Maryland women continue to roll without Karri Ellen Johnson

April 21, 2011|By Katherine Dunn, The Baltimore Sun

For many women's lacrosse teams, losing their leading scorer heading toward postseason play would be devastating. For No. 1 Maryland, playing without injured All-American Karri Ellen Johnson has altered the Terrapins' style a bit, but hasn't changed the results.

Johnson suffered a concussion in the Towson game on March 29. Although she finished that game, she has been sidelined ever since. Still, the defending national champions have won four games without her, running their season record to 15-0 and their winning streak to 37 games.

Maryland coach Cathy Reese said Johnson's status is day-to-day, but the Terrapins almost certainly will be without the Broadneck graduate this weekend, as they aim for a third straight Atlantic Coast Conference tournament title. The top-seeded Terps will meet Boston College/Virginia Tech in today's 5 p.m. semifinal in Cary, N.C.

Not that the Terps don't miss Johnson, a powerful attack presence projected in preseason by Lacrosse Magazine to be the 2011 National Player of the Year. The junior had 39 goals and 12 assists and led the team in draw controls through the first 11 games, but the Terps simply have the depth, strength and unity to sustain the top scoring offense in Division I even without her.

"I think this could be season-ending for some teams," Terps senior Sarah Mollison said, "but what makes our team special is that it doesn't just revolve around one person. Our team's so dynamic that any seven that are in [on the offensive end] are all dangerous and can all score. I think that's what separates us. That's why we're ranked No. 1 — we have so much depth coming off the bench."

The Terps lead Division I in goals per game with 16.4 and in scoring margin at 9.6. With Johnson in the lineup, they averaged 16.8 goals, and without her for the last four games, 15.25.

"Probably more than anything, that speaks to how veteran their offensive unit is," Duke coach Kerstin Kimel said. "A lot of them have played together for two years or more. With how veteran their group is as well as the depth that they have, they're really not missing much without Karri Ellen."

Mollison, a senior All-American and the Terps' points leader, is the key to running the attack. With 40 assists, she's a sharp feeder who means double trouble for opponents because she works the crease well and can make a quick move to goal while the defense is looking for her to pass. Her 35 goals rank third on the team.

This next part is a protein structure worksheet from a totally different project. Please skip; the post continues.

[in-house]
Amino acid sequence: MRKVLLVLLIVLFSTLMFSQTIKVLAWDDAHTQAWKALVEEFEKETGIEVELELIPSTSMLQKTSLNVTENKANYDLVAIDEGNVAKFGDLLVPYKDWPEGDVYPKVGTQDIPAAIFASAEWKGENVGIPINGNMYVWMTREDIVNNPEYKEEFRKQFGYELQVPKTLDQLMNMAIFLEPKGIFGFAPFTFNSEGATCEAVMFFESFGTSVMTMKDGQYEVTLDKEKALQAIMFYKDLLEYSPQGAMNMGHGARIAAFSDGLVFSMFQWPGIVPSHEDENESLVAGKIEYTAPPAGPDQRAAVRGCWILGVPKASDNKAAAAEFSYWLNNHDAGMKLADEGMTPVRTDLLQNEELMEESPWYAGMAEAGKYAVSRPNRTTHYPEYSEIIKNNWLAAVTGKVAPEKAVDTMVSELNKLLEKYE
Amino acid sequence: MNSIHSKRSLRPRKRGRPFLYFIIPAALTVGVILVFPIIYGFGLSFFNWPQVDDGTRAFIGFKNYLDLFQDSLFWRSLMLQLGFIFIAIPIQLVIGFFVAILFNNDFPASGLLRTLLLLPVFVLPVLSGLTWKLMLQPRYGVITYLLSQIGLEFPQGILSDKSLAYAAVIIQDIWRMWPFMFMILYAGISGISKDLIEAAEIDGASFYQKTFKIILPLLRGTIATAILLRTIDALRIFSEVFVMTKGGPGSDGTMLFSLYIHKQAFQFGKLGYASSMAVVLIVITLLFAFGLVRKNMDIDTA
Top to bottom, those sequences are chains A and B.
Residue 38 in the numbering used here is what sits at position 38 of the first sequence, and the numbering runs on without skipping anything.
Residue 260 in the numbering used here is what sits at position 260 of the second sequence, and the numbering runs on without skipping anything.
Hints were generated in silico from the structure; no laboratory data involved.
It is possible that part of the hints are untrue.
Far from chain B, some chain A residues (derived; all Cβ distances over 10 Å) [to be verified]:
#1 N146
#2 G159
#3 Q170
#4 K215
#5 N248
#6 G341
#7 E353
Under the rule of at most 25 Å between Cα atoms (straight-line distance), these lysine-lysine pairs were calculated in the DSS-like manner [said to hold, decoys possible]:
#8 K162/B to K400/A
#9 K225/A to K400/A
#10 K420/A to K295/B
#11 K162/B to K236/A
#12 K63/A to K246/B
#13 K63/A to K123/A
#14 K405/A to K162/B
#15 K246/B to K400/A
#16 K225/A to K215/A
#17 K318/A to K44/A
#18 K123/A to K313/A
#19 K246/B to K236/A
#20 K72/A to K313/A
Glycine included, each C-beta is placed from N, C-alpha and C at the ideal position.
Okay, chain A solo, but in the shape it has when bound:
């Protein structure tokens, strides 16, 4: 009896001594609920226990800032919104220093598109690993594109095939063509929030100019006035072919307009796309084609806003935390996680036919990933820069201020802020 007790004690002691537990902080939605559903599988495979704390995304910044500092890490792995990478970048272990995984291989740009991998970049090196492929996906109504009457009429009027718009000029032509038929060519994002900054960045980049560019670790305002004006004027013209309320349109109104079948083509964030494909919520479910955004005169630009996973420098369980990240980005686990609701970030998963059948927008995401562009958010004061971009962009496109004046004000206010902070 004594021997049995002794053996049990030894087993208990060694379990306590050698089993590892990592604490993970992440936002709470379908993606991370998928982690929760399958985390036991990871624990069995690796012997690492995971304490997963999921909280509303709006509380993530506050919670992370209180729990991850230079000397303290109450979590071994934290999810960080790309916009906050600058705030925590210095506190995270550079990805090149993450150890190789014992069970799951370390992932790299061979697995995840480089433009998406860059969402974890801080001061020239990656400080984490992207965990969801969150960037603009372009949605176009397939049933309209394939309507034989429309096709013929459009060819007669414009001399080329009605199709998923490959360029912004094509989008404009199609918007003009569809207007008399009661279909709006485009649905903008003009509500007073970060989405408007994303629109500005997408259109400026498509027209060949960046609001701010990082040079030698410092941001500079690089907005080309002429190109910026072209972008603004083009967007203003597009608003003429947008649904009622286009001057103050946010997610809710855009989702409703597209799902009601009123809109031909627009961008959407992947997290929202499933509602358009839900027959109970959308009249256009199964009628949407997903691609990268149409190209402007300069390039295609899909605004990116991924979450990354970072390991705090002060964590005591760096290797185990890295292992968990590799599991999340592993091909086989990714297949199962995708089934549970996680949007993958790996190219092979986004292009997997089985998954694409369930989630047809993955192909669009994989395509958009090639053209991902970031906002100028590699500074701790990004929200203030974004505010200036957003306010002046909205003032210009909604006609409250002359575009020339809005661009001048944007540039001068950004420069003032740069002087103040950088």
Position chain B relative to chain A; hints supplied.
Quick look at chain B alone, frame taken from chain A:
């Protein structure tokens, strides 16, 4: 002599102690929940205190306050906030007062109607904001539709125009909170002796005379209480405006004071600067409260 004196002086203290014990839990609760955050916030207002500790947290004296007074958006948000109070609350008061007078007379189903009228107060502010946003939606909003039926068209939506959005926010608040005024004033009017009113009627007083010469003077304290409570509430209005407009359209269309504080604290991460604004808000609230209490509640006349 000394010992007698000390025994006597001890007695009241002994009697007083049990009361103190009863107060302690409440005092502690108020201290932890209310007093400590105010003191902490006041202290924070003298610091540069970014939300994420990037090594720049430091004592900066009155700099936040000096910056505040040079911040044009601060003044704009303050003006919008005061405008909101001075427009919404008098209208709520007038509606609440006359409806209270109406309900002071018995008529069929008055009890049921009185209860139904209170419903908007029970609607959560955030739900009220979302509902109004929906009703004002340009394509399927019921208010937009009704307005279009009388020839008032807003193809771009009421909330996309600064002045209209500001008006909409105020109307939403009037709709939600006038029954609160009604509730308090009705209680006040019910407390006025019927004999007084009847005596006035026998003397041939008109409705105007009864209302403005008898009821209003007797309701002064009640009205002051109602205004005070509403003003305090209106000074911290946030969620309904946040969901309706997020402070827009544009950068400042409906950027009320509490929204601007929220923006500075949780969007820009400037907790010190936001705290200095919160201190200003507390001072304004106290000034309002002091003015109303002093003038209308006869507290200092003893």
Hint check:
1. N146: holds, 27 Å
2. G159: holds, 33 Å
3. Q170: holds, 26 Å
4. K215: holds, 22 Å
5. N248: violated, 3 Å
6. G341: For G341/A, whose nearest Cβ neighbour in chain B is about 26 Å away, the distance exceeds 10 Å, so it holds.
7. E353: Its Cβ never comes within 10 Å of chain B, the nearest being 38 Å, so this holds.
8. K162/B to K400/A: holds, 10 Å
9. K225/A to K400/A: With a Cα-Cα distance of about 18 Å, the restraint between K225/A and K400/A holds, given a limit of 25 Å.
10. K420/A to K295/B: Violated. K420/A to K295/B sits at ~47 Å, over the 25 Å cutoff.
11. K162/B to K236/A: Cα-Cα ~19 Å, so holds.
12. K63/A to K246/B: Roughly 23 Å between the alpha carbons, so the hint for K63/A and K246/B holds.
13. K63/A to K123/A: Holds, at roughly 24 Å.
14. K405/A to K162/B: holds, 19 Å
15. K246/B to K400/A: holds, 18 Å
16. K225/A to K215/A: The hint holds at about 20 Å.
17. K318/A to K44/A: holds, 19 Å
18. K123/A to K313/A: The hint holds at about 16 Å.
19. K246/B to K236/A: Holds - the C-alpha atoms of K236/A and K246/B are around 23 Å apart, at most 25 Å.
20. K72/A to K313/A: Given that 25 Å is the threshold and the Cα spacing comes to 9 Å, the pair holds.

Sophomore Katie Schwarzmann, last season's ACC Rookie of the Year and a third-team All-American, passed Johnson as the leading goal-scorer with 44. Seniors Laura Merrifield and Brandi Jones and junior Kristy Black each have 19 or more goals and 27 or more points. Sophomore Alex Aust (20 assists) and freshman Beth Glaros, who stepped into Johnson's starting spot, have also emerged as dangerous attackers.

"It's just a different feel on offense," Reese said. "Karri Ellen has been that person who has been dominant inside. She can catch anything and she can score, I feel like, anything she shoots, so it's just our offense is playing to other people's strengths now and other people are stepping up."

The Terps also miss Johnson on the draw, where, even after sitting out four games, she still leads the team with 35 draw controls. Schwarzmann has 31.

"It is a big loss in the draw. She's dominant there and we know where she's going to try to direct it," Schwarzmann said. "So we had to adjust a little bit, trying different people there. I think we've adjusted quite well. Beth and Brandi have really been going at it at that position and I think everyone is stepping up and trying to go in there hard and get those draw controls."

Johnson, who ranks fourth on Maryland's career goals chart with 177, will remain sidelined until she is released by the team doctor.

All student athletes at Maryland take a baseline neuropsychological test called ImPACT, Immediate Post-concussion Assessment and Cognitive Testing. The 25-minute computerized test is designed to measure memory, reaction time and attention span among other cognitive functions. If an athlete sustains a concussion, he or she takes the test again and the results are compared with the baseline results to see if the athlete is ready to resume playing.

Johnson's results have not yet been satisfactory to clear her to play, Reese said.

Maryland medical officials were unavailable for comment, but Dr. Gerry Gioia, a pediatric neuropsychologist and director of the Safe Concussion Outcome, Recovery and Education Program at Children's National Medical Center in Bethesda, has said athletes face serious health risks if they return to the field while experiencing the lingering effects of a concussion.

"A major concern is a student-athlete being injured with a concussion … and then having a repeated concussion prior to that recovery. That puts them in a very, very serious and possibly life-threatening situation," Gioia said in 2007 when he helped administer ImPACT at Howard High School for the first time.

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